If the commission’s attorney agrees with Montclair, O’Toole said, the matter is settled — the Jan. 12 map will stay, without the changes that prompted concern among Montclair officials. As of Tuesday, she didn’t have that feedback, she said.
“I’ve never sat on a commission that [aimed to decide a map] contrary to the wishes of the municipality,” she said.
O’Toole said as an election commissioner, she aims to be impartial: “I want to be able to say I drew the lines that best serve the people of the town.”
The process leading to the current proposals has been one that gathered little public discussion. Meetings held on Jan. 5 and 12 where the first revised map was discussed, as well as one Feb. 3 where the new proposals were on the table, were formally advertised in the legals sections of newspapers, but those advertisements only said the meeting would be on Zoom — they didn’t specify a meeting ID or a URL to attend, but said to call the Board of Elections for more information. There didn’t appear to be any posting on the Board of Elections website about the meeting, where the board and Newark officials will also continue trying to work out objections that city’s representatives have with the latest proposal for their own map.
(Update: The board office Wednesday sent Montclair Local the Zoom link. The meeting can be accessed with meeting ID 868 2573 1516 and passcode 735096. The meeting begins at 1 p.m. on Thursday, Feb. 10.)
A staffer at the board office told Montclair Local Tuesday he’d send a link to this Thursday’s session, but hasn't as of yet. Township spokesperson Katya Wowk said she hadn’t seen a link yet, either.
But Cummings and Russo have both attended sessions, advocating for the Jan. 12 version of the Montclair map. Baskerville sat in on the last meeting as well.
“Councilman Cummings and I have been trying to keep the Fourth Ward from being chopped up,” Russo said.
He credited O’Toole for considering Montclair’s objections — for declining to adopt a map on Feb. 3 while looking into the matter further.
“I hope and I believe they'll just leave the adopted map the way it is,” he said.
In the meantime, the proposals being floated are starting to get attention. Christa Rapoport, chair of the Montclair Civil Rights Commission, said she’d received a complaint that the border changes “will dilute the Montclair Black vote.” The group was looking into that allegation, she said.
Ward Map Proposal by Louis C. Hochman on Scribd
“On the federal level, support for Section 5 the Voting Rights Act — which requires federal approval of voting laws in places with a history of discrimination — has waned at the U.S. Supreme Court. But here in Montclair, we remain vigilant to counter vote dilution of Blacks, a protected class,” she said.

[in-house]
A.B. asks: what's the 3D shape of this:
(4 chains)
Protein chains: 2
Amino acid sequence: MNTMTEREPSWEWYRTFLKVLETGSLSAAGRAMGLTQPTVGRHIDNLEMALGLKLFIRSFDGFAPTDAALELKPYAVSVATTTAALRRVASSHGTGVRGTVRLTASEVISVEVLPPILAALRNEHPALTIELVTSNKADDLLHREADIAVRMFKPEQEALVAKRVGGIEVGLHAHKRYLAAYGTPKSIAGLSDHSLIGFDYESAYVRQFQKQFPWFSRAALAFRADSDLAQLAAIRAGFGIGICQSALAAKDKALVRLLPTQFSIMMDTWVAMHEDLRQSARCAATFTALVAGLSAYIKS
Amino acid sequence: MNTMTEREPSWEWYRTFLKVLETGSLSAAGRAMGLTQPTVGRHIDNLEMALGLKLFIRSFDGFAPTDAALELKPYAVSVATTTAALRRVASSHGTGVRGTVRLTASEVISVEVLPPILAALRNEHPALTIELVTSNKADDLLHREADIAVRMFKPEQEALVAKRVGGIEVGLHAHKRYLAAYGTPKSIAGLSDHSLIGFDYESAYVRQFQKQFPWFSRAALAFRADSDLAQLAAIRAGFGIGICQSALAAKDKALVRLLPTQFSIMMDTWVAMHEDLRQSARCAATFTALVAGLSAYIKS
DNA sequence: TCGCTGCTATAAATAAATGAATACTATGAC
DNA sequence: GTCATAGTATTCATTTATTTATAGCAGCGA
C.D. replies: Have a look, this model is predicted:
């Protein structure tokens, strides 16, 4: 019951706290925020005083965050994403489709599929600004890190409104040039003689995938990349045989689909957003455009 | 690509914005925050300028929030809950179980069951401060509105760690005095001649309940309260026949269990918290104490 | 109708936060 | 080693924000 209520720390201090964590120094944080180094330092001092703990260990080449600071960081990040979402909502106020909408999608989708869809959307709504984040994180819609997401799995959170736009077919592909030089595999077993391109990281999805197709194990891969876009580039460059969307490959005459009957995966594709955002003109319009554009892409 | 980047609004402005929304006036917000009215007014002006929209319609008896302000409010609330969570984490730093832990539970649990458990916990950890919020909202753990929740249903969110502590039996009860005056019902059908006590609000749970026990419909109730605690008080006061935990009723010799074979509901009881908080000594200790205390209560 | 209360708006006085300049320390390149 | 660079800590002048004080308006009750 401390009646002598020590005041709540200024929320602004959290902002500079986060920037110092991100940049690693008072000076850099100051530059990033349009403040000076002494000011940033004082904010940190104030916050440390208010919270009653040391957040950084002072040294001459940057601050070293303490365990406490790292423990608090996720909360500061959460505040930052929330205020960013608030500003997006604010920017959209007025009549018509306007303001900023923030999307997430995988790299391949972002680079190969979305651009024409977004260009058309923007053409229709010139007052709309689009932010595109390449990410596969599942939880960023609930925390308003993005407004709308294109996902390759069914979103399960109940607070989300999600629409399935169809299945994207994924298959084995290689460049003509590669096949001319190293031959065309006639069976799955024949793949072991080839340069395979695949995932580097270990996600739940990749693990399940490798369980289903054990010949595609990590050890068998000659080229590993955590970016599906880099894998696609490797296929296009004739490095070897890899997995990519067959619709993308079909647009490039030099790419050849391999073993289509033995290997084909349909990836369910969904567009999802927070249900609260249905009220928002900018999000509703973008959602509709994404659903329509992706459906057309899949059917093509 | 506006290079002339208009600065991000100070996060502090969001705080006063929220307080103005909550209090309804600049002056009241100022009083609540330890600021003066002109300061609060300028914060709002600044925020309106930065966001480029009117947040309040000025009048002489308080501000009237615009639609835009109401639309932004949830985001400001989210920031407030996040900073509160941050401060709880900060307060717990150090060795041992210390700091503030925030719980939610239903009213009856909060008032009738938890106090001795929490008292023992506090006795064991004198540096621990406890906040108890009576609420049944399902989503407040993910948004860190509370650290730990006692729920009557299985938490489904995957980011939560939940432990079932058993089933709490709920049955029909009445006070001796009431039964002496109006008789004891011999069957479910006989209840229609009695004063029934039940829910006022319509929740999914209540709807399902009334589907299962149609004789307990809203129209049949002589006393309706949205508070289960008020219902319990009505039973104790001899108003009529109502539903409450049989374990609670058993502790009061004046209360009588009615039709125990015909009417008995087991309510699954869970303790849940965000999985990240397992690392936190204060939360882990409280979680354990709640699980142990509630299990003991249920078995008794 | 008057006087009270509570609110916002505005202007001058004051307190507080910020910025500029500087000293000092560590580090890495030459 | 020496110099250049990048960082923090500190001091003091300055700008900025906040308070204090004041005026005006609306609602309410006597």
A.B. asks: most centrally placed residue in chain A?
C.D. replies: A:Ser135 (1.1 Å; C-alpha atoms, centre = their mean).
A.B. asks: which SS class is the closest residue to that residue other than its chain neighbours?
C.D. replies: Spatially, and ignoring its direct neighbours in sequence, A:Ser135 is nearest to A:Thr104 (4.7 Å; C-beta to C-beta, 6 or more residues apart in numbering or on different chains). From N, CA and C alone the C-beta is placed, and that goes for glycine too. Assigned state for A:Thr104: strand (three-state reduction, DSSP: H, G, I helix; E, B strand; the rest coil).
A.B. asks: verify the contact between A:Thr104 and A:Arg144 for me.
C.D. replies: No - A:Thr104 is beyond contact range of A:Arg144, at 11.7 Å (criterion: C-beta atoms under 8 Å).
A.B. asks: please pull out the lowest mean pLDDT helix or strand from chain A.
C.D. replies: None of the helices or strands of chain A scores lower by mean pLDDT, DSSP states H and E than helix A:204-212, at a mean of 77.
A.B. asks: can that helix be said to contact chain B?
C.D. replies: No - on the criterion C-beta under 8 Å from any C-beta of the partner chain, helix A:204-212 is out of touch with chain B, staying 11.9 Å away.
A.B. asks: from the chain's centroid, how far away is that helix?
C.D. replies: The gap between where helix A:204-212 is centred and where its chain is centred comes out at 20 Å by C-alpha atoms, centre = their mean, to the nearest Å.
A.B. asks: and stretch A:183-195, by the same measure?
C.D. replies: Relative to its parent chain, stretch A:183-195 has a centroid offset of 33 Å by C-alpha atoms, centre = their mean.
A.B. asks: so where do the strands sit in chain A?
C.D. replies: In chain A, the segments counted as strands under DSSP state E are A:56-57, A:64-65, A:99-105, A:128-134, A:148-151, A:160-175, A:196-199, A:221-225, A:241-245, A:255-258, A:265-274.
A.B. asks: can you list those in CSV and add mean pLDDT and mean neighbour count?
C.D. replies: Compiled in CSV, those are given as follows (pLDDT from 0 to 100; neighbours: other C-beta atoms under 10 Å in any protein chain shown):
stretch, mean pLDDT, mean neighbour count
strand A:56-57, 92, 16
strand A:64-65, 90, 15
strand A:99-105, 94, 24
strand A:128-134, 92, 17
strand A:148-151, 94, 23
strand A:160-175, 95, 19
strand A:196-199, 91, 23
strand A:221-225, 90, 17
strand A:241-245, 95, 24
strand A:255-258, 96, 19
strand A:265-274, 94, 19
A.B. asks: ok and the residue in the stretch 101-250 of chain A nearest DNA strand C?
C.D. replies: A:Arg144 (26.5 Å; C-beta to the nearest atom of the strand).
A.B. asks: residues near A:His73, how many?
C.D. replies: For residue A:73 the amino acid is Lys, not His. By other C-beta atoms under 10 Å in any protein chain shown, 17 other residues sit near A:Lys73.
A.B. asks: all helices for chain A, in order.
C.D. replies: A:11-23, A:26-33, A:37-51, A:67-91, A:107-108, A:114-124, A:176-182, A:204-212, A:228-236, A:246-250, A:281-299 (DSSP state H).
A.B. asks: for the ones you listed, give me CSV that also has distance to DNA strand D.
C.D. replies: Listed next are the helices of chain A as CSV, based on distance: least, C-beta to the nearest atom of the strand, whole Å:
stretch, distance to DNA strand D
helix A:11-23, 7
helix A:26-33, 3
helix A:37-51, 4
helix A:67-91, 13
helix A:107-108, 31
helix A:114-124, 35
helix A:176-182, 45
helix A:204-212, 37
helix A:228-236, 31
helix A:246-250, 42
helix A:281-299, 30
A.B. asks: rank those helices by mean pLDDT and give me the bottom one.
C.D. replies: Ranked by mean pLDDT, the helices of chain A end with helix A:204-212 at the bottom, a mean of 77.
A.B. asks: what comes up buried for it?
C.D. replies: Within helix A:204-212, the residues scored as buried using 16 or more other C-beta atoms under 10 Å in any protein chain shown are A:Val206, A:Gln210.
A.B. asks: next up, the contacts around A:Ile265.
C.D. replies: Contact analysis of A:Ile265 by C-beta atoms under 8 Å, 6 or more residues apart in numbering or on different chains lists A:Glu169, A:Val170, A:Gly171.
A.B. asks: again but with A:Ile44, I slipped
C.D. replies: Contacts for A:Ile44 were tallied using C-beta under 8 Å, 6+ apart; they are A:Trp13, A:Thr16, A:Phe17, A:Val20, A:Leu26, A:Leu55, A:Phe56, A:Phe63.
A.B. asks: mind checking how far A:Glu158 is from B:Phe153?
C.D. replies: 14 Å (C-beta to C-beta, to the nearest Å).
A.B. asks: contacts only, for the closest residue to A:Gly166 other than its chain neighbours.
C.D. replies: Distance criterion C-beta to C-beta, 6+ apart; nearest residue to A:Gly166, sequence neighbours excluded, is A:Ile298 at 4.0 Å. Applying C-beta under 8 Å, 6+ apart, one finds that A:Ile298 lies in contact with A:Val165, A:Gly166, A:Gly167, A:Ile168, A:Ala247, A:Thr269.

For Baskerville, the idea of concentrating Black or lower-income residents into one ward is a threat to Montclair’s strides toward inclusion. She envisions redlining — penning Black residents into neighborhoods through exclusionary lending techniques and other practices that identify those areas as less desirable or higher risk for banks.
She worries about affordable housing being concentrated in the ward, or the racial and socioeconomic ramifications if Montclair ever puts aside its magnet school system and returns to neighborhood busing.
Montclair had long been split between two congressional districts. In the debate over the recent realignment, some argued that putting all of Montclair in the richer, whiter 11th District would mean drowning out the voices of Black residents in the southern end of town; when that’s done deliberately to make a voting block less effective, it’s known as “cracking.”
Others argued keeping them in the more urban 10th District would be “packing” — reducing their influence across districts by grouping them into one where there already are lots of people with similar demographics.
Payne, representing the 10th District, had come out in favor of the idea that ultimately became part of the final map — with most of Montclair’s Fourth Ward still on his turf.
Cummings, though, said that decision — and now the possible ward realignment to match it — “just doesn’t make sense.”
The map adopted on Jan. 12 would barely affect anyone in his ward, he said — maybe about 8 voters.
“I think that the commission really needs to be taking a hard look at this,” he said. The Jan. 12 map, he said, “was one we presented, that we thought essentially kept all of our wards as equal as possible.”
Russo said if the idea is to “mirror” the congressional map, it’s being done “through a cracked mirror.”
To make the new population counts work, Montclair’s Third Ward has to get bigger than it’s been for the last decade. The map adopted Jan. 12 would still leave it the smallest ward in Montclair. There would be 10,713 people in the First Ward, 10,282 in the Second, 9,759 in the Third and 10,195 in the Fourth.
None of the new proposals touches the population count in the First Ward. Because it’s not contiguous with the Fourth, it’s not affected directly by an attempt to line up the Fourth with the congressional map.
Just one of the three proposals results in a population of more than 10,000 in every ward. Wowk said if the township is forced to pick a preference among them, it’ll be that one, with populations most even among the wards.